WILL DRAFTING - CHANGES TO INTESTACY RULES
If you die without leaving a valid will your estate (everything you own) has to be shared out in accordance with the Intestacy Rules.Due to The Inheritance and Trustees Powers Act 2014 (ITPA 2014) as from 1st October 2014 the way in which the assets of people who die without wills are shared between their relatives has changed.
From 1st October 2014 spouses and civil partners have new inheritance rights under the intestacy rules, as well as adopted children, unmarried fathers and other family members and dependents. There are also changes to the powers trustees have to deal with the capital and income of trusts
Due to the new intestacy rules a spouse (husband or wife) or civil partner may inherit the whole of the deceased’s estate. Although, if the deceased also leaves children the estate has to be shared between the surviving spouse/civil partner and the children.
Further changes are that under the old rules survivors were entitled to receive an amount called the statutory legacy. This was a fixed sum of £250,000 where there were surviving children or £450,000 if there were no children. Under the new rules the statutory legacy will be reviewed (at least every five years) and rise in line with the Consumer Prices Index.
There are also new inheritance rights for unmarried fathers as under the old rules where a child died whose parents were not married the child’s estate was to be distributed as if the child’s father and had died before the child. Under the new rules this will not apply if the child’s father’s name appears on the child's birth certificate.
There are also new rules to make it easier for dependants to claim financial support from a deceased partner or parent if they would not receive anything under the intestacy rules.
The new intestacy rules also allow trustees to use all of the capital and income of a trust for the benefit of beneficiaries, compared to only half the capital and income under the old rules.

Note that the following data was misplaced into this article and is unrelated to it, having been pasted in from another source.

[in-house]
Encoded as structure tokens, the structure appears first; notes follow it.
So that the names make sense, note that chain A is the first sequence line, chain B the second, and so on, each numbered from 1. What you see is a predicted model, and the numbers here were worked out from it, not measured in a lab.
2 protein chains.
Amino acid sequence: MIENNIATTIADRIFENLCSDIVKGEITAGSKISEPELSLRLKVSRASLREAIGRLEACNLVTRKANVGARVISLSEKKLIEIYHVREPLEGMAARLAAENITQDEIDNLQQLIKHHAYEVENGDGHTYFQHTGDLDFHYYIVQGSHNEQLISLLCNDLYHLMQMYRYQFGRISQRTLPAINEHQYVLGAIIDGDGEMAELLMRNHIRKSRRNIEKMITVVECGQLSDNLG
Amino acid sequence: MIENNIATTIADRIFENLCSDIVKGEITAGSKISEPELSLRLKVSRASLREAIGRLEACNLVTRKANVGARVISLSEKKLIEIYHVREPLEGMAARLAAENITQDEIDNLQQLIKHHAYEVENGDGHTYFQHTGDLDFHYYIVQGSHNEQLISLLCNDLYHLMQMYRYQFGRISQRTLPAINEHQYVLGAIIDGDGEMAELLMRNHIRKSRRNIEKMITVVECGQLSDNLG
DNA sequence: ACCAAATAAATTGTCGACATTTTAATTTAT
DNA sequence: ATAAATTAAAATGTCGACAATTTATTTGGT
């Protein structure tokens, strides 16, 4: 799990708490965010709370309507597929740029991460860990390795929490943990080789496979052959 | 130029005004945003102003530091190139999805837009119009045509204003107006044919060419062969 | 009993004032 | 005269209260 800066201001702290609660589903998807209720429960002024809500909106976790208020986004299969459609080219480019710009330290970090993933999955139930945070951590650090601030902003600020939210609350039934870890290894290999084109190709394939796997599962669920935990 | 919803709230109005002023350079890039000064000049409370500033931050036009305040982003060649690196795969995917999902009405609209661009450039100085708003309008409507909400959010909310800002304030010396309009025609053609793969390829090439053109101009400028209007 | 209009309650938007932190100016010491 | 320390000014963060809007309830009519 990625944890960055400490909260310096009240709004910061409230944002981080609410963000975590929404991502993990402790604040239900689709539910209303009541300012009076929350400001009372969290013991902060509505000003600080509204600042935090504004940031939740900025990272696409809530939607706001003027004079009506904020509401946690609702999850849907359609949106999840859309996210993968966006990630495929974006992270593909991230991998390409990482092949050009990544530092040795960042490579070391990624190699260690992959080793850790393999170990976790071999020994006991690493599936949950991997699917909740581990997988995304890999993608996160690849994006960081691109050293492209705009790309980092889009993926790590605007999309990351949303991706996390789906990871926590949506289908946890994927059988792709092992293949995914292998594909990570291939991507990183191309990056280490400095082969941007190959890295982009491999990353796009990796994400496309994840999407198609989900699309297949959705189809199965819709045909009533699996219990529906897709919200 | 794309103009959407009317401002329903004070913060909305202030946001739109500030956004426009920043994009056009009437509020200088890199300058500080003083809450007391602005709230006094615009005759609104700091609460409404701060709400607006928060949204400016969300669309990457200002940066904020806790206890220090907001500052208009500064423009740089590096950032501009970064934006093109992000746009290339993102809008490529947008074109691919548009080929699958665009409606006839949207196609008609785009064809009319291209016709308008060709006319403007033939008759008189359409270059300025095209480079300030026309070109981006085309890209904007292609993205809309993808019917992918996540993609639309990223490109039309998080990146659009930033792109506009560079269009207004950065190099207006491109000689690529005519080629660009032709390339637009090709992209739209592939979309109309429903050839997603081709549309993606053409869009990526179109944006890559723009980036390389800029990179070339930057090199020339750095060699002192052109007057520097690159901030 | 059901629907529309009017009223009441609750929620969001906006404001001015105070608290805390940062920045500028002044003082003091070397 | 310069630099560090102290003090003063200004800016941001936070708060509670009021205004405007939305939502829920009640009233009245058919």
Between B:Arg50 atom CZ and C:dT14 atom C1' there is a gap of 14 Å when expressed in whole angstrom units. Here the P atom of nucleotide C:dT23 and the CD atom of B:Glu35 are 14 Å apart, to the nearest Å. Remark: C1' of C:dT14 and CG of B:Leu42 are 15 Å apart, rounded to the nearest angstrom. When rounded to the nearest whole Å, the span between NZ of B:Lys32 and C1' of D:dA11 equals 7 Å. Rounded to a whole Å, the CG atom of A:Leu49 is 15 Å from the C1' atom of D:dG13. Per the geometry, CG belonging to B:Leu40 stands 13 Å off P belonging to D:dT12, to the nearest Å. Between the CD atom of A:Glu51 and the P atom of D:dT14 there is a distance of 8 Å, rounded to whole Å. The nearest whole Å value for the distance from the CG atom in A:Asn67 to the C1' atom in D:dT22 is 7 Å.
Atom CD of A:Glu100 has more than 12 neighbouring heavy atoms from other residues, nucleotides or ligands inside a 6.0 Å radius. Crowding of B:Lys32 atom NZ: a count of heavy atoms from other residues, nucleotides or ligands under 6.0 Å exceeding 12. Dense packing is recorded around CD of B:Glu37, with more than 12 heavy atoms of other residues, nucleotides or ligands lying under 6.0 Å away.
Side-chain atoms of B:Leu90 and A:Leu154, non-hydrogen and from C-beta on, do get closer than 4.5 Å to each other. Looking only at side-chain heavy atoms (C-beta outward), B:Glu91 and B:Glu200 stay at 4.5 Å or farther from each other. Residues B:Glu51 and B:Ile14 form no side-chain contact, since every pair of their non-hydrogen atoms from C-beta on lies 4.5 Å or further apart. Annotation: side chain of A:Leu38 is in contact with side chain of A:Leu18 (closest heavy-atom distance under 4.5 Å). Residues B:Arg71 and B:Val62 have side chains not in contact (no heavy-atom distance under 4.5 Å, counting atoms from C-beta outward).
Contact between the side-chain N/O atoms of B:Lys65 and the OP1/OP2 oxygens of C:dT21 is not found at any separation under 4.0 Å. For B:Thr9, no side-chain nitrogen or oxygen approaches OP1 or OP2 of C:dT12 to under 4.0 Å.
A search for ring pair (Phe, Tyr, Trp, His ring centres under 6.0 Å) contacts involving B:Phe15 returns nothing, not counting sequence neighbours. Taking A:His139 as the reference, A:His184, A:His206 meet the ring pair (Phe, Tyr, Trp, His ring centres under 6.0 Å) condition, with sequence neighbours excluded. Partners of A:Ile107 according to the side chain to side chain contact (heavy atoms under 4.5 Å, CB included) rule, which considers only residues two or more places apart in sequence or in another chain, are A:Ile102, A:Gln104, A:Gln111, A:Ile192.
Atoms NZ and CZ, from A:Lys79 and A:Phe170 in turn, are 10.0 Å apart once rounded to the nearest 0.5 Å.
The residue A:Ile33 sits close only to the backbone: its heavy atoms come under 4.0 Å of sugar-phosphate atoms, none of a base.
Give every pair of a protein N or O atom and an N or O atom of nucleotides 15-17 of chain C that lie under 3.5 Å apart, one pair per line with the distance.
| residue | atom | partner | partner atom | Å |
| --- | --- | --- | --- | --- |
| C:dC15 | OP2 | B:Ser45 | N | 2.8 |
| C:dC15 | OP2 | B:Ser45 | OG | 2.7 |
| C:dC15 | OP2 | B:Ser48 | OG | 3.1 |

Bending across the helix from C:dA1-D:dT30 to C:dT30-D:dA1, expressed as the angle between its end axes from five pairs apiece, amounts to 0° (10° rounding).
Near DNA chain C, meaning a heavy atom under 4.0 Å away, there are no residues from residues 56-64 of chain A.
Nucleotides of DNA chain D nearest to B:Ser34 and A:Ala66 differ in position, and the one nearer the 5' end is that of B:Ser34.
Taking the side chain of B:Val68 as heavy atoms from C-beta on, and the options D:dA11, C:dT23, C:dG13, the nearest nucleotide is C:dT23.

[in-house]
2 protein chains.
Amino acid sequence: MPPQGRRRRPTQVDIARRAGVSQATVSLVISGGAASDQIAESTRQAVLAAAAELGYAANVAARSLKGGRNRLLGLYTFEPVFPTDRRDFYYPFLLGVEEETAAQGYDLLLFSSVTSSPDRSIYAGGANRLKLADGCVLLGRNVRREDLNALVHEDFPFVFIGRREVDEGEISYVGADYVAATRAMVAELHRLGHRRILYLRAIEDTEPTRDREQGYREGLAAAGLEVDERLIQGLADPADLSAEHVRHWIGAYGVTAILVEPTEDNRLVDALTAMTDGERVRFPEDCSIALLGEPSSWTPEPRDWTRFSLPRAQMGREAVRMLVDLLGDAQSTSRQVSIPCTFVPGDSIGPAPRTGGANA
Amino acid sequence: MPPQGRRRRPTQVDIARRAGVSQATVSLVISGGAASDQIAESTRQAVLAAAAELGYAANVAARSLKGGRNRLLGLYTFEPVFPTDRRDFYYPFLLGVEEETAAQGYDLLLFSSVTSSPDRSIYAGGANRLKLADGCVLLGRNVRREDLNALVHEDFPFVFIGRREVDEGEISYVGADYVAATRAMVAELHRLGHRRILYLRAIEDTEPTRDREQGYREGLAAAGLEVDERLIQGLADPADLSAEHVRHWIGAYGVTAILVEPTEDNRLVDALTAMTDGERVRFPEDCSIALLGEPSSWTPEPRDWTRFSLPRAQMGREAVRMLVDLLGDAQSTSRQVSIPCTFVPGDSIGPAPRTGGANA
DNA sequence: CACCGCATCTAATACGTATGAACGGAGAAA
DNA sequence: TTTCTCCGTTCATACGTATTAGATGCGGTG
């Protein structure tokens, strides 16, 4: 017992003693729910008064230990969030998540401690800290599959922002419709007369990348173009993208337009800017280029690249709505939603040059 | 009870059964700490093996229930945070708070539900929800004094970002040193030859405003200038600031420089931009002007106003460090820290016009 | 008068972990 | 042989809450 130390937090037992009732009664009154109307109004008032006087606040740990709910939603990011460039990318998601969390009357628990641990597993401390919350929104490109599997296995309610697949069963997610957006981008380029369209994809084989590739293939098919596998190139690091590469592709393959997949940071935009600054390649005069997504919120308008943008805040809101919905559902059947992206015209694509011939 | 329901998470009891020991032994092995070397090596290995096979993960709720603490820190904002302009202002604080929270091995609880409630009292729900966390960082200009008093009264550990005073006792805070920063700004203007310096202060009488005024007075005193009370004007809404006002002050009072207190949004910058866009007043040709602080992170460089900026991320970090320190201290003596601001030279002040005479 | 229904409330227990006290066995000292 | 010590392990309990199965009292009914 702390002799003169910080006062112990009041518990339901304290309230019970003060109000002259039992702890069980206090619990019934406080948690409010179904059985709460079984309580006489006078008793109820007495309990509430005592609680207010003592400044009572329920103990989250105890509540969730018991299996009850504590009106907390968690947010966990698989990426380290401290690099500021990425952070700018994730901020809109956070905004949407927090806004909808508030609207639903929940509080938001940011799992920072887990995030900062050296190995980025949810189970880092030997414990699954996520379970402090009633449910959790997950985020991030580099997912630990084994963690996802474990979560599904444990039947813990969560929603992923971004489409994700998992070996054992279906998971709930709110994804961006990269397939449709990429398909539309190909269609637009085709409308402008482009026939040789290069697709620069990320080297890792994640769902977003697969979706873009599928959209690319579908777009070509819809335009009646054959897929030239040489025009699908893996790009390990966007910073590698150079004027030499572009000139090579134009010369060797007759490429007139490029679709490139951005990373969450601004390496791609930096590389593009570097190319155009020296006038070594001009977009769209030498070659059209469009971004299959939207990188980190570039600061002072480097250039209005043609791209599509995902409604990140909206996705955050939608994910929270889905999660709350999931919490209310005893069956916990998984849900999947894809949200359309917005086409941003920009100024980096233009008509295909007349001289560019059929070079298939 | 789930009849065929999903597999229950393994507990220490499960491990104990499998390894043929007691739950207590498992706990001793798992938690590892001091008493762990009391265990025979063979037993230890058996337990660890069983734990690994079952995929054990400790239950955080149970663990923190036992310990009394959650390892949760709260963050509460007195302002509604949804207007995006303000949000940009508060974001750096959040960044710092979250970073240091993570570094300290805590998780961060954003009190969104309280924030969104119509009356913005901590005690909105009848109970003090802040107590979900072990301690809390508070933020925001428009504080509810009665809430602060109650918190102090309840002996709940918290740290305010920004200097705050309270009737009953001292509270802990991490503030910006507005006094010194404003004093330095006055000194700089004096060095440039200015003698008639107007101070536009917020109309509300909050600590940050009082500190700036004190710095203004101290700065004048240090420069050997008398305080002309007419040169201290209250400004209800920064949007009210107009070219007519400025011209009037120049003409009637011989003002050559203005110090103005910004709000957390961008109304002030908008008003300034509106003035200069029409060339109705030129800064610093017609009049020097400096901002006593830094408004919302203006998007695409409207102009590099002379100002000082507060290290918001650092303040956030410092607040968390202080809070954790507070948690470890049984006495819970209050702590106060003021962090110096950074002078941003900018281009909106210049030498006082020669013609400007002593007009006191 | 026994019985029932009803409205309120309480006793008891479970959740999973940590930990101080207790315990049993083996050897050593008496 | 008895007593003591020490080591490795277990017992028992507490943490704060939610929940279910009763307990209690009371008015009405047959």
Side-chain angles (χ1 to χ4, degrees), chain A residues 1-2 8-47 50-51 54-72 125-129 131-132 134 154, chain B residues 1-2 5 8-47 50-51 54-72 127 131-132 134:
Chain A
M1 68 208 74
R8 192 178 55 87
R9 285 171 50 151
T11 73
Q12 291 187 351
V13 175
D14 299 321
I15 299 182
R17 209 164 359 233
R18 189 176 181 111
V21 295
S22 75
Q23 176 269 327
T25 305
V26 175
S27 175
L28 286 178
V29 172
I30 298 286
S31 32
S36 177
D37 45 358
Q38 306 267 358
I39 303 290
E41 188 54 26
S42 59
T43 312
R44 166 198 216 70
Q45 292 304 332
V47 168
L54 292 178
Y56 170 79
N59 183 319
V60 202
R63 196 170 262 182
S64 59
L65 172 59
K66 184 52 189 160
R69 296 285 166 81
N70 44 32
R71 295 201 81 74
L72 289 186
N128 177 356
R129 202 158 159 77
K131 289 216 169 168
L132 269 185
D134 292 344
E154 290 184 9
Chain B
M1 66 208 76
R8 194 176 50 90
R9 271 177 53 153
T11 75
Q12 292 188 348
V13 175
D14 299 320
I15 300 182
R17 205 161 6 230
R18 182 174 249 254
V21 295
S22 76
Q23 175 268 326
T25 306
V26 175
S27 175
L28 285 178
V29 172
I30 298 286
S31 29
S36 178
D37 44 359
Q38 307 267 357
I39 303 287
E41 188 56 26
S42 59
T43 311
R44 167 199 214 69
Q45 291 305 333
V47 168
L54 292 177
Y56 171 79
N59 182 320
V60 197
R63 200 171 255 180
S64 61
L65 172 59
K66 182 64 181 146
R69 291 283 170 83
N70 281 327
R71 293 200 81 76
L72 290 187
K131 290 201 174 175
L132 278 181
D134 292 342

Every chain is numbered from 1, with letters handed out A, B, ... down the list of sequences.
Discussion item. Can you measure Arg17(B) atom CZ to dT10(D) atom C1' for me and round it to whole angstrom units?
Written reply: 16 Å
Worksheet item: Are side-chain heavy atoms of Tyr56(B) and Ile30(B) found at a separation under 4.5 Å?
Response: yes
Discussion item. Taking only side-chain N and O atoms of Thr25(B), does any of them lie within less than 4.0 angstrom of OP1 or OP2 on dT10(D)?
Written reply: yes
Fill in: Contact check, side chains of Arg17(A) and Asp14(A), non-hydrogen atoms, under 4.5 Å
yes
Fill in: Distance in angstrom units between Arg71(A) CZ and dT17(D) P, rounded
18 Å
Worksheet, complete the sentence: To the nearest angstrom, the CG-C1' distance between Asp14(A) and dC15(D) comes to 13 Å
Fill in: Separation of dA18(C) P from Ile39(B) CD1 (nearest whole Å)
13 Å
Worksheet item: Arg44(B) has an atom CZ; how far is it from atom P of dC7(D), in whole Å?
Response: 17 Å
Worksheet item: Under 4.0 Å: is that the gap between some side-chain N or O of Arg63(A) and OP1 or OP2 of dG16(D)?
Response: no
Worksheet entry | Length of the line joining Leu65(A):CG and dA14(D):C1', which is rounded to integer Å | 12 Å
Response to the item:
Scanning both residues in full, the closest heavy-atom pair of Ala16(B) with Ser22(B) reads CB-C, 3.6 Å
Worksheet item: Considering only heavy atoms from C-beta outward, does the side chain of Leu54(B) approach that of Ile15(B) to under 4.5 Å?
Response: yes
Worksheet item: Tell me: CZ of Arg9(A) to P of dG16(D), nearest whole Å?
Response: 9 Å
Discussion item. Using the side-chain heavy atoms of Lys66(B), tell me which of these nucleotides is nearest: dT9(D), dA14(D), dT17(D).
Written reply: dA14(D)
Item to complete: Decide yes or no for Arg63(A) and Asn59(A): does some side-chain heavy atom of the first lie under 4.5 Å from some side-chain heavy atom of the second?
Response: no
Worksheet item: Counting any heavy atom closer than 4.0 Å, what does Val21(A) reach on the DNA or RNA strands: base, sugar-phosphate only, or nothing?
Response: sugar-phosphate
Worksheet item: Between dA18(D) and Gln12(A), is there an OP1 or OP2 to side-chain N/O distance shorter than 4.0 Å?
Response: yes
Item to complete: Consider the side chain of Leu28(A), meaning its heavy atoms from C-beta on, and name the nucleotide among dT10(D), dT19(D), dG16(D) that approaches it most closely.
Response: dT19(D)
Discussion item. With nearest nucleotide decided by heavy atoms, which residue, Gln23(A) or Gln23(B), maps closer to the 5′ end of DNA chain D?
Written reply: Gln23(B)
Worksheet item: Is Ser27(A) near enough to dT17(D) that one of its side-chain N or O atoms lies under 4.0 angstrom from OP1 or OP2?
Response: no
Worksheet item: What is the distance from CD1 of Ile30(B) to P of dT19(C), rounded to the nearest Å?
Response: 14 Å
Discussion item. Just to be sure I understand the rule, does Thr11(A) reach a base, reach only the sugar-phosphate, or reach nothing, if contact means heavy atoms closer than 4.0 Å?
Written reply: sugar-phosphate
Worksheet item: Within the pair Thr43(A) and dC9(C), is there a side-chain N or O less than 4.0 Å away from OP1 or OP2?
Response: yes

Nevertheless, it is still sensible to have a will drafted so that you can ensure your estate is distributed in accordance with your wishes when you die and in order to provide the trustees of your estate with additional authority to deal with your estate as you wish. This is especially the case if you do not wish for your estate to be dealt with in accordance with the strict intestacy rules or wish to leave a particular item, such as an amount of money, watch, wedding ring, house or shares etc, to a particular person.
If you contact Andrew Veitch (firstname.lastname@example.org) he may be willing to review your financial circumstances and the way you propose to distribute your estate free of charge in order to provide an estimate of fees for drafting your will.
This blog provides basic general legal information to help people understand their legal rights, but is not a substitute for personal legal advice from a solicitor. By the very nature of a blog the information published in blog posts on this site may be out of date. Therefore this blog is subject to our following disclaimer and conditions of use: Where no personal consultation has taken place with Andrew Veitch or the partners or employees of Guy Clapham & Co under no circumstances will Andrew Veitch or the partners of Guy Clapham & Co be responsible for (1) any information contained in, omitted or received from this site, (2) any persons reliance on any such information, whether or not the information is correct, current or complete, (3) the consequences of any action you or any other person takes or fails to take, whether or not based on information provided (4)